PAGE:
Continuous delivery is actually an extension of CI, in which the software delivery process is automated further to enable easy and confident deployments into production at any time.
A mature continuous delivery process exhibits a codebase that is always deployable. With CD, software release becomes a routine and no frills event without anxiety or urgency. Teams are able to proceed with daily development tasks with the confidence that they can build a production-grade release ready to be deployed at any time without elaborate orchestration or special late-game testing.
CD depends on a central deployment pipeline in which the team automates the testing and deployment processes. This pipeline is an automated system that executes a progressive set of test suites against the build. CD is highly automatable, and, in some cloud-computing environments, easily configurable.
In each segment of the pipeline, the build may fail a critical test, in which case the pipeline will alert the team. Otherwise, the build continues on to the next test suite, with successive test passes resulting in automatic promotion to the next segment in the pipeline. The last segment in the pipeline will deploy the build to a production-equivalent environment. This is a comprehensive activity, since the build, the deployment, and the environment are all exercised and tested together. The result is a build that is confidently deployable and verifiable in an actual production environment.
A solid exhibit of a modern CI/CD pipeline can be seen with AWS. Amazon is one of the cloud-computing providers that offers an impressive CI/CD pipeline environment, where you can choose from among its many development resources and link your choices together in a pipeline that is readily configurable and easily monitored.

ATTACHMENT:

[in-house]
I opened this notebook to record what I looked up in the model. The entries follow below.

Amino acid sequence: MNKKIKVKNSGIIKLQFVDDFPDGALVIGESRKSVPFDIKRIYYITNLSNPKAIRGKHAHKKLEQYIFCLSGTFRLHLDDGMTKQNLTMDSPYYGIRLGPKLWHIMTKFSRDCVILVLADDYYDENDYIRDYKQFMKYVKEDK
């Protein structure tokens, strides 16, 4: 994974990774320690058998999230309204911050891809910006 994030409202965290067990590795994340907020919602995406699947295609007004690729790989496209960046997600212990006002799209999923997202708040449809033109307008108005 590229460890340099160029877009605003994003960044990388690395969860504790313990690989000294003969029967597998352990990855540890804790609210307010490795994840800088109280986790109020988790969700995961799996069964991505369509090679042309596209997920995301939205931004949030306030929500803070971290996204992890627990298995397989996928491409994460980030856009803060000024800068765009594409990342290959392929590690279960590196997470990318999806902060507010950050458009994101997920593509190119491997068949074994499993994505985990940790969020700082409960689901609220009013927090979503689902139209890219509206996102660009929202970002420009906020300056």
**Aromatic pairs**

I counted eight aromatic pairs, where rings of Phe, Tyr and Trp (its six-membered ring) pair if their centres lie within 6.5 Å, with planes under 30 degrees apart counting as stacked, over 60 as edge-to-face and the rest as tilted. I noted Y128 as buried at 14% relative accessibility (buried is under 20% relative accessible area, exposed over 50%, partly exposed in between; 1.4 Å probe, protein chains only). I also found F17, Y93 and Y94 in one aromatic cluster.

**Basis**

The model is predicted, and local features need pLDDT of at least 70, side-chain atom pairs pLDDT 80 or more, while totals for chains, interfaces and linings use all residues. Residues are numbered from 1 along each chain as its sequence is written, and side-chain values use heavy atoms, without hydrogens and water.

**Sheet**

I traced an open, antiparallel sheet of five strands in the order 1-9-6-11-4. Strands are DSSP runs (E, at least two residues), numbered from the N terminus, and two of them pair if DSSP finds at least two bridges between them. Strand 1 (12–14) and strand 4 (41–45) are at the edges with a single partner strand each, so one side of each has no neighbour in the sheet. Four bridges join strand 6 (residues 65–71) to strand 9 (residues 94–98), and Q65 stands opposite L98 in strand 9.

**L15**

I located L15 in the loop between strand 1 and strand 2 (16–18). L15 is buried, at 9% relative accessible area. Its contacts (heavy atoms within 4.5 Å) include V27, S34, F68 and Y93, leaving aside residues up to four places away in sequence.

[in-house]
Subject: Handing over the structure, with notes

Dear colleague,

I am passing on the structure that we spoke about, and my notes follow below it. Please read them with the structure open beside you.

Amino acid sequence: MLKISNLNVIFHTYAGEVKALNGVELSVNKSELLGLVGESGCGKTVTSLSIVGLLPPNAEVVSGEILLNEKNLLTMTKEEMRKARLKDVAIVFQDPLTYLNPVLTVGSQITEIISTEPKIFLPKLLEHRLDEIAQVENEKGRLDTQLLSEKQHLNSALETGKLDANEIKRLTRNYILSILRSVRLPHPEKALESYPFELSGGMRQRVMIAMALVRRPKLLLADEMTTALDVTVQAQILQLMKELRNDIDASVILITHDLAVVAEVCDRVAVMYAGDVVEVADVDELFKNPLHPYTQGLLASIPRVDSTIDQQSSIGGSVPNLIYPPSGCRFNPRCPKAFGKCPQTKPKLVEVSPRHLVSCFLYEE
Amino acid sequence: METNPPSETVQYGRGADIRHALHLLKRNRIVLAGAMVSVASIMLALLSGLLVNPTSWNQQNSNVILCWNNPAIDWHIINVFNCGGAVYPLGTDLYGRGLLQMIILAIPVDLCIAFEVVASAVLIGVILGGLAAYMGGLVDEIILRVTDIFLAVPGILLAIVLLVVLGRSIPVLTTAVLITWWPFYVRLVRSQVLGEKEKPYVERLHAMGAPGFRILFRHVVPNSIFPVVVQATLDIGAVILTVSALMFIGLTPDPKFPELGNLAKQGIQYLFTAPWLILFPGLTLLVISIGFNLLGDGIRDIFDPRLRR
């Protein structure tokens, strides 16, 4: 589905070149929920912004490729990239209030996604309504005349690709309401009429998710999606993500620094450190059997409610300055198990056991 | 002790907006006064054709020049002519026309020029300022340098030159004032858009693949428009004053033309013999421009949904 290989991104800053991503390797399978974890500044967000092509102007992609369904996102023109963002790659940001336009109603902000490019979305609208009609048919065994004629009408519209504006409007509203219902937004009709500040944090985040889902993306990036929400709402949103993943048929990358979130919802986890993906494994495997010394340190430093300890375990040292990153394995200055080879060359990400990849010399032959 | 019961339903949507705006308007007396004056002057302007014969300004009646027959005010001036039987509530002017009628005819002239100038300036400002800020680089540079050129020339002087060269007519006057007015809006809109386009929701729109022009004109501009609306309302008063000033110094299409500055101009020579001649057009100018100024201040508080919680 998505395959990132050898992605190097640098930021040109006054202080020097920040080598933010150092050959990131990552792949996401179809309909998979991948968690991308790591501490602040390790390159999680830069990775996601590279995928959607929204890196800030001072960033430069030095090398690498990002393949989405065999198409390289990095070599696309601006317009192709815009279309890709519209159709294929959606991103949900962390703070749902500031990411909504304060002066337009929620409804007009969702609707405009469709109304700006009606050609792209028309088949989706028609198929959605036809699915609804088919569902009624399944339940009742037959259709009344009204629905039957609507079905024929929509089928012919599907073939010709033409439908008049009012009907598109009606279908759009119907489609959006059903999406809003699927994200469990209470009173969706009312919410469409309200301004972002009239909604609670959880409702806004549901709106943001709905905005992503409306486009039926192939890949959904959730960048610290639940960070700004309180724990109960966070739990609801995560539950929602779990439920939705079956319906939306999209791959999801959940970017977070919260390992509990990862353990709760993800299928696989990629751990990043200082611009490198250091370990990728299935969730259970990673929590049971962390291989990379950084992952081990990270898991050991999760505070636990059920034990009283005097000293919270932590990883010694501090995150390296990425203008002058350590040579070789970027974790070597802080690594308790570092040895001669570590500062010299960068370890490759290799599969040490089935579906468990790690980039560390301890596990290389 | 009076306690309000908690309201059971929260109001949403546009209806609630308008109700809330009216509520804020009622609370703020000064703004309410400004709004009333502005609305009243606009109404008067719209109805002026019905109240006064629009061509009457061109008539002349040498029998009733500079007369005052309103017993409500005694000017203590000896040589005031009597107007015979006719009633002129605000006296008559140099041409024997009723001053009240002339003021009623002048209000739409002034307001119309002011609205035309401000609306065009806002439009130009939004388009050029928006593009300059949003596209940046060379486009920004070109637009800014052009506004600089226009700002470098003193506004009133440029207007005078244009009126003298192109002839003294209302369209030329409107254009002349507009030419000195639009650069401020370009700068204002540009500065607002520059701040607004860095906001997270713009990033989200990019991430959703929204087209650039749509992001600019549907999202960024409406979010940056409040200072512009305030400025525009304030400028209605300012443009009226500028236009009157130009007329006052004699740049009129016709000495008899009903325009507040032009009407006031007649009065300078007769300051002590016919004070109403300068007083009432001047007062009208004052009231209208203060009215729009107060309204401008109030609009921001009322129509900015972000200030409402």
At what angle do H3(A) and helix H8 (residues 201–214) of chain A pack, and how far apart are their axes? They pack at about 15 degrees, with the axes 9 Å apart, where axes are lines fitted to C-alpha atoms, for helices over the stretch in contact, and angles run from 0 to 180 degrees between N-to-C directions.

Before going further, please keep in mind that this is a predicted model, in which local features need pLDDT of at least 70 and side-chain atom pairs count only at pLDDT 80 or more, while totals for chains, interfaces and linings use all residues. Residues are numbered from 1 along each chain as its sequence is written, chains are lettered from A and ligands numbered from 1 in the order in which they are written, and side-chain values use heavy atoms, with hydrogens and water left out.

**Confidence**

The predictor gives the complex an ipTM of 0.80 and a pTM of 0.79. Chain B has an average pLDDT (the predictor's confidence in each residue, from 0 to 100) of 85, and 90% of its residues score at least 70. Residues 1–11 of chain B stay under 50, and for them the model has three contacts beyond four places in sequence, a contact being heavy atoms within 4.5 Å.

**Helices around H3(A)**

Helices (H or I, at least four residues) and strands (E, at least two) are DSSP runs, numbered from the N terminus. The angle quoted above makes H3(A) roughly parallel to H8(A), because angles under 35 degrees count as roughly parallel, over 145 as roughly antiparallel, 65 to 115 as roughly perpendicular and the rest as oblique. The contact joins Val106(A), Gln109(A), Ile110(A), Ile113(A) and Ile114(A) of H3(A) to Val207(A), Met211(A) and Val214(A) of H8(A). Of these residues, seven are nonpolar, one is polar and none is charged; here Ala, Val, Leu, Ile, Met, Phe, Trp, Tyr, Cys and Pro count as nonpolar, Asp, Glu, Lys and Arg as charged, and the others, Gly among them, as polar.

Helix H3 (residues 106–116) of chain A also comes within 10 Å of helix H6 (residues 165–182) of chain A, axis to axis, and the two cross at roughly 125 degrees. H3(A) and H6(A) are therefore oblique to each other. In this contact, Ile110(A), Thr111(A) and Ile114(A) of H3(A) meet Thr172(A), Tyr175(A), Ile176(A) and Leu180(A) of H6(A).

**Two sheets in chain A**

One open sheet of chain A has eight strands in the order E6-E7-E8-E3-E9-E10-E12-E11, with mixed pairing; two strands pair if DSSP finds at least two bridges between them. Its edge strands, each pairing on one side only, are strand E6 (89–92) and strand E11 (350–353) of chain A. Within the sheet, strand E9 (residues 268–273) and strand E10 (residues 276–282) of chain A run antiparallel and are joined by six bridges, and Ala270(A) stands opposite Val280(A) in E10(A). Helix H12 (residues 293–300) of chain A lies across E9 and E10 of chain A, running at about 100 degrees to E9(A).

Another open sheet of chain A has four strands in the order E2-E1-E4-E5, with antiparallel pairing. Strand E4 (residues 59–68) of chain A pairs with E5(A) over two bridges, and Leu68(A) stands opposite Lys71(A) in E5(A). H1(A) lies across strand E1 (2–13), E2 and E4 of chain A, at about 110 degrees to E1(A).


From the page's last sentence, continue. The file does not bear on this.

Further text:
Many consider continuous delivery attractive primarily because it automates all the steps from submitting code into the repository to releasing fully-tested, properly-functional builds that are ready for production. CD is an elaborate automation of the build and testing processes, but decisions about when, how, and what should be released remain a manual process. Continuous deployment can free up time for those discussions by automating all the other steps.
Continuous deployment extends continuous delivery so that the software build will automatically deploy if it passes all tests. In such a process, there is no need for a person to decide when and what goes into production. The last step in a CI/CD system with continuous deployment will automatically deploy whatever build components/packages successfully exit the delivery pipeline. Such automatic deployments can be configured to quickly distribute components, features, and fixes to customers, and provide clarity on precisely what has been pushed to production.